Vatican’s delicate China mission runs into trouble | Daily News

Vatican’s delicate China mission runs into trouble

A general audience by Pope Francis.
A general audience by Pope Francis.

VATICAN CITY: Pope Francis is facing a complex row over the Vatican's warming ties with Communist China, which have sparked a new war of words with a Hong Kong cardinal and growing bitterness among some Chinese faithful.

Beijing and the Vatican severed diplomatic relations in 1951, and although ties have improved in recent years as China's Catholic population has grown, they remain at odds over which side has the authority to ordain bishops.

The Vatican relaunched long-stalled negotiations three years ago and now seems to be nearing concrete steps towards solving the major stumbling bloc of how to designate bishops.

But the issue has flared up again after two underground Chinese bishops, recognised by the Pope, were asked by a top Vatican diplomat to resign in favour of state-sanctioned prelates, including one who was ex-communicated by the Vatican in 2011.

The news was first reported in January by the Vatican-linked AsiaNews website and since confirmed by Cardinal Joseph Zen, bishop emeritus of semi-autonomous Hong Kong, who is a staunch opponent of any rapprochement between the Vatican and Beijing.

“Do I think that the Vatican is selling out the Catholic Church in China? Yes, definitely,” Zen said in an open letter on Monday, adding that the Communist government had introduced “harsher regulations limiting religious freedom”.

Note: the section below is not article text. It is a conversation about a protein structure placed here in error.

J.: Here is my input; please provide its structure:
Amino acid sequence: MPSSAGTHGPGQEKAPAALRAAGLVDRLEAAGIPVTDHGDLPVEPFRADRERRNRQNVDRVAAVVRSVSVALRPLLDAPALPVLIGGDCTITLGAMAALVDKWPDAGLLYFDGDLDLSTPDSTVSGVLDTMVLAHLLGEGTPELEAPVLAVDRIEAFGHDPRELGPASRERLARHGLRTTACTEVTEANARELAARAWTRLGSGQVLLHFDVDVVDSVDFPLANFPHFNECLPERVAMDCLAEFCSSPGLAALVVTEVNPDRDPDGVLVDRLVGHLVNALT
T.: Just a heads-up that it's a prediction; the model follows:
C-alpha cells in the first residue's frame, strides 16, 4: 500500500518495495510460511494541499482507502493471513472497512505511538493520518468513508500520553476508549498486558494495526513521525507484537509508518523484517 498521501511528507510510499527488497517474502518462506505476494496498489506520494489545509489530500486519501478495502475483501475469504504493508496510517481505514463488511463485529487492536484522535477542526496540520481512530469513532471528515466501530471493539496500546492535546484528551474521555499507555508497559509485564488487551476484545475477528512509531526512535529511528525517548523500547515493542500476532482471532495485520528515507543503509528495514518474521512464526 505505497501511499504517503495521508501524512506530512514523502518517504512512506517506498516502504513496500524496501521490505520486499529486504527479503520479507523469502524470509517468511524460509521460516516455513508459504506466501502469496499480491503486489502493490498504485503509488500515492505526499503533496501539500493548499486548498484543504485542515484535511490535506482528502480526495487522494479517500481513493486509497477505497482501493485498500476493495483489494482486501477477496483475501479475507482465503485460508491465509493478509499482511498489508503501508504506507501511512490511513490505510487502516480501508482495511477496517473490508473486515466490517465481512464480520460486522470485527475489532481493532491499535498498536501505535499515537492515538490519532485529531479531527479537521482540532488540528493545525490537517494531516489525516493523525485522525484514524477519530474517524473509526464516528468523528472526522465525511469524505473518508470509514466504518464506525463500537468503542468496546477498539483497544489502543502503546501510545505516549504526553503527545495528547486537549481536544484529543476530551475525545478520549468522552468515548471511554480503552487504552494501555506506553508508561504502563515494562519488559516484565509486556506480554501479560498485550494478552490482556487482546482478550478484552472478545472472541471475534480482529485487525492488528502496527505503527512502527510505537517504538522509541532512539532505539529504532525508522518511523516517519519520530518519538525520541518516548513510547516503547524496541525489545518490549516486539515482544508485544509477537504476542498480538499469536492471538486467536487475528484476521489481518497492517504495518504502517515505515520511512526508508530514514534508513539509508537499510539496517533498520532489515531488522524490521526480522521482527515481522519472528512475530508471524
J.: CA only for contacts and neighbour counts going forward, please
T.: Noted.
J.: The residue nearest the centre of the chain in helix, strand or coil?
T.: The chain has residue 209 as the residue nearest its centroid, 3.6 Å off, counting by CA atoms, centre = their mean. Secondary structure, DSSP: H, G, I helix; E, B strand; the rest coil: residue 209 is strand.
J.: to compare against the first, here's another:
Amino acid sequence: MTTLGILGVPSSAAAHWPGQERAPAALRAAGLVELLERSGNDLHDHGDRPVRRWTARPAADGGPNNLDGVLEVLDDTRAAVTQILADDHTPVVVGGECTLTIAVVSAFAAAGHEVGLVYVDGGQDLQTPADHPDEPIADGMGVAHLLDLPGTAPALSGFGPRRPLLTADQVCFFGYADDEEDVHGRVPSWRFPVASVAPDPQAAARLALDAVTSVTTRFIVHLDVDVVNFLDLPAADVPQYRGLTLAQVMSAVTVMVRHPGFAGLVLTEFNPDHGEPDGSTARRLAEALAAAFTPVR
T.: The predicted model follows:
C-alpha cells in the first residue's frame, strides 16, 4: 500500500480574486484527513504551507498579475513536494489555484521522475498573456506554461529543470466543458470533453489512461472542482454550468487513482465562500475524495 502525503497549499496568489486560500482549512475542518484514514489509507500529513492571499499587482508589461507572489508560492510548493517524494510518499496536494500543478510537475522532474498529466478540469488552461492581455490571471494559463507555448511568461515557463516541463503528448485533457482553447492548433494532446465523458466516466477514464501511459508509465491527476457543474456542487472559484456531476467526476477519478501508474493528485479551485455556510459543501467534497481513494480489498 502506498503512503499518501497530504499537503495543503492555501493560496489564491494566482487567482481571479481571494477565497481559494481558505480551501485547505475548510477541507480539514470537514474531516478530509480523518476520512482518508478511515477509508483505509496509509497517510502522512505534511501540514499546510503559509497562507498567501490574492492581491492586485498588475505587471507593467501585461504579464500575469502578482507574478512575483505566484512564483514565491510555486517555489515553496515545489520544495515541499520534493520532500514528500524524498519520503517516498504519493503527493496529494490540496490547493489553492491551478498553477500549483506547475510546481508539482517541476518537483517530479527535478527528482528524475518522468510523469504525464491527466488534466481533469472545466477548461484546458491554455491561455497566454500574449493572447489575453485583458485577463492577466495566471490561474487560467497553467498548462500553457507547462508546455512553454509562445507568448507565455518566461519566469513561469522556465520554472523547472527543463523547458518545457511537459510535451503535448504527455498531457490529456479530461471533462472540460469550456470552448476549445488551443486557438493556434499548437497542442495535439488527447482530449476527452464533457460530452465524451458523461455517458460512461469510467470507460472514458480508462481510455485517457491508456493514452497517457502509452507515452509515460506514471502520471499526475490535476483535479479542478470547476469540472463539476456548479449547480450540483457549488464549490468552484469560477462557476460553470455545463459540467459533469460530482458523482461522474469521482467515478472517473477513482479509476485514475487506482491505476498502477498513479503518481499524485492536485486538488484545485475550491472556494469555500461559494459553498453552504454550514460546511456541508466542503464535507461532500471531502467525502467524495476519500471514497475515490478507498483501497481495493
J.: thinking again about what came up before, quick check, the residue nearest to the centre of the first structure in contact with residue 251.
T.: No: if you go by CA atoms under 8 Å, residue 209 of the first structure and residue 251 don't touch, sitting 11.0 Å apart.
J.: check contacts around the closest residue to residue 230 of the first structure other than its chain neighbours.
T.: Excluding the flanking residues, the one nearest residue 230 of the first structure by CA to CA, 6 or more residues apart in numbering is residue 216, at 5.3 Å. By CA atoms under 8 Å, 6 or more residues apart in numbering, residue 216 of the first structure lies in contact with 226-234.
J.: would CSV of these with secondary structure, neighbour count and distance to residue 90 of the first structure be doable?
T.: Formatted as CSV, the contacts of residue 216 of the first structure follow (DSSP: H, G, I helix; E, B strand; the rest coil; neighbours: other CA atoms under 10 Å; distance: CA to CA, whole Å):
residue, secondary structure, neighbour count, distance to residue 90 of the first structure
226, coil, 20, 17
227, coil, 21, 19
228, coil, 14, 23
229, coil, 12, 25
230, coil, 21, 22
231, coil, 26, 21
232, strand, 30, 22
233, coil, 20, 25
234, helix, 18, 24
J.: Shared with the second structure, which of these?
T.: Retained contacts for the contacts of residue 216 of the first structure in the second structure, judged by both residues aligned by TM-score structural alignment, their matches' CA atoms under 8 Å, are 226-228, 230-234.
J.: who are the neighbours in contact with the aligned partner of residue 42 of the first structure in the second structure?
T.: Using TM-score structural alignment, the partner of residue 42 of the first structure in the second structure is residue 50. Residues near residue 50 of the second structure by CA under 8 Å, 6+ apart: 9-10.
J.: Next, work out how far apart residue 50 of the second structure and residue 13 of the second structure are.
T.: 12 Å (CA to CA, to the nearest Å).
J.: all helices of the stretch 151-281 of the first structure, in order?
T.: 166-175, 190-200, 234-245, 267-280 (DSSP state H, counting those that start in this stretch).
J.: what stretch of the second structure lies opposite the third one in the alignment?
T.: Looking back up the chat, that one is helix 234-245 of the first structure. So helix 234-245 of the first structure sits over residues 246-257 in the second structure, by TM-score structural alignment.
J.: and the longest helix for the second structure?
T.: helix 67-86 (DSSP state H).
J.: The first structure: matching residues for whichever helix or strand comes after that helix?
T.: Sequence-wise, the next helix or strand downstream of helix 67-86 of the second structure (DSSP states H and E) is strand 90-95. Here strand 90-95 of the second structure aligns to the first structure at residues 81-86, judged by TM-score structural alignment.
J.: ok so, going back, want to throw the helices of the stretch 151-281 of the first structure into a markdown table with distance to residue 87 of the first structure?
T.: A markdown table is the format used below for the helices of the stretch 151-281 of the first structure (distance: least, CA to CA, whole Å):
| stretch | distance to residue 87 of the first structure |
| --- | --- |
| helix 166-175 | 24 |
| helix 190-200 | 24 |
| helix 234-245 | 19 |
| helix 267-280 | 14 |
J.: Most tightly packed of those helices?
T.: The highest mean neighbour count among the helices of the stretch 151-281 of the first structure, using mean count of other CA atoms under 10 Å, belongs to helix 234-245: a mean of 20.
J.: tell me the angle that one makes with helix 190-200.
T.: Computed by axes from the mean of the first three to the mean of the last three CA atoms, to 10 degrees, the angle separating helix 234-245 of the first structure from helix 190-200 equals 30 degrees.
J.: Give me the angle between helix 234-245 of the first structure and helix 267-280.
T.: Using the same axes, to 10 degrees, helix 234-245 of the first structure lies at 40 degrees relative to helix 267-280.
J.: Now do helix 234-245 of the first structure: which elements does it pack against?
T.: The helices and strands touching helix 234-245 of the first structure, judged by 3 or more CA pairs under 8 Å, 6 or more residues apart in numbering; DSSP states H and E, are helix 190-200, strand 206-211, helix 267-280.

The Vatican's number two, Cardinal Pietro Parolin, did not deny the disagreement in a post on the Vatican Insider website, but said that the Hong Kong rebel was only expressing a “personal point of view” and was in no way a spokesman for Chinese Catholics.

Zen said he had appealed to the pope in a private meeting earlier this month in Rome, where he delivered a letter from one of the bishops who was asked to step aside, Peter Zhuang Jianjian.

The cardinal also indicated in his statement that the Pope, who has sought to improve ties with China, was not in agreement with his mediator in Beijing -- a claim which prompted a terse denial from the Vatican.

For Parolin, the Vatican secretary of state, “there does not exist two churches in China, but two communities of the faithful calling for a gradual path towards reconciliation and unity”.

China's roughly 12 million Catholics are divided between a government-run association, whose clergy are chosen by the Communist Party, and an unofficial church which swears allegiance to the Vatican.

The secretive negotiations between the two sides could come down to the Vatican recognising some of the bishops chosen by the Chinese Patriotic Catholic Association in exchange for a more benevolent attitude from Beijing.

The last word on nominations for future bishops could be given to the pope, following the suggestion of the China's underground Catholic authorities.

- AFP 


 

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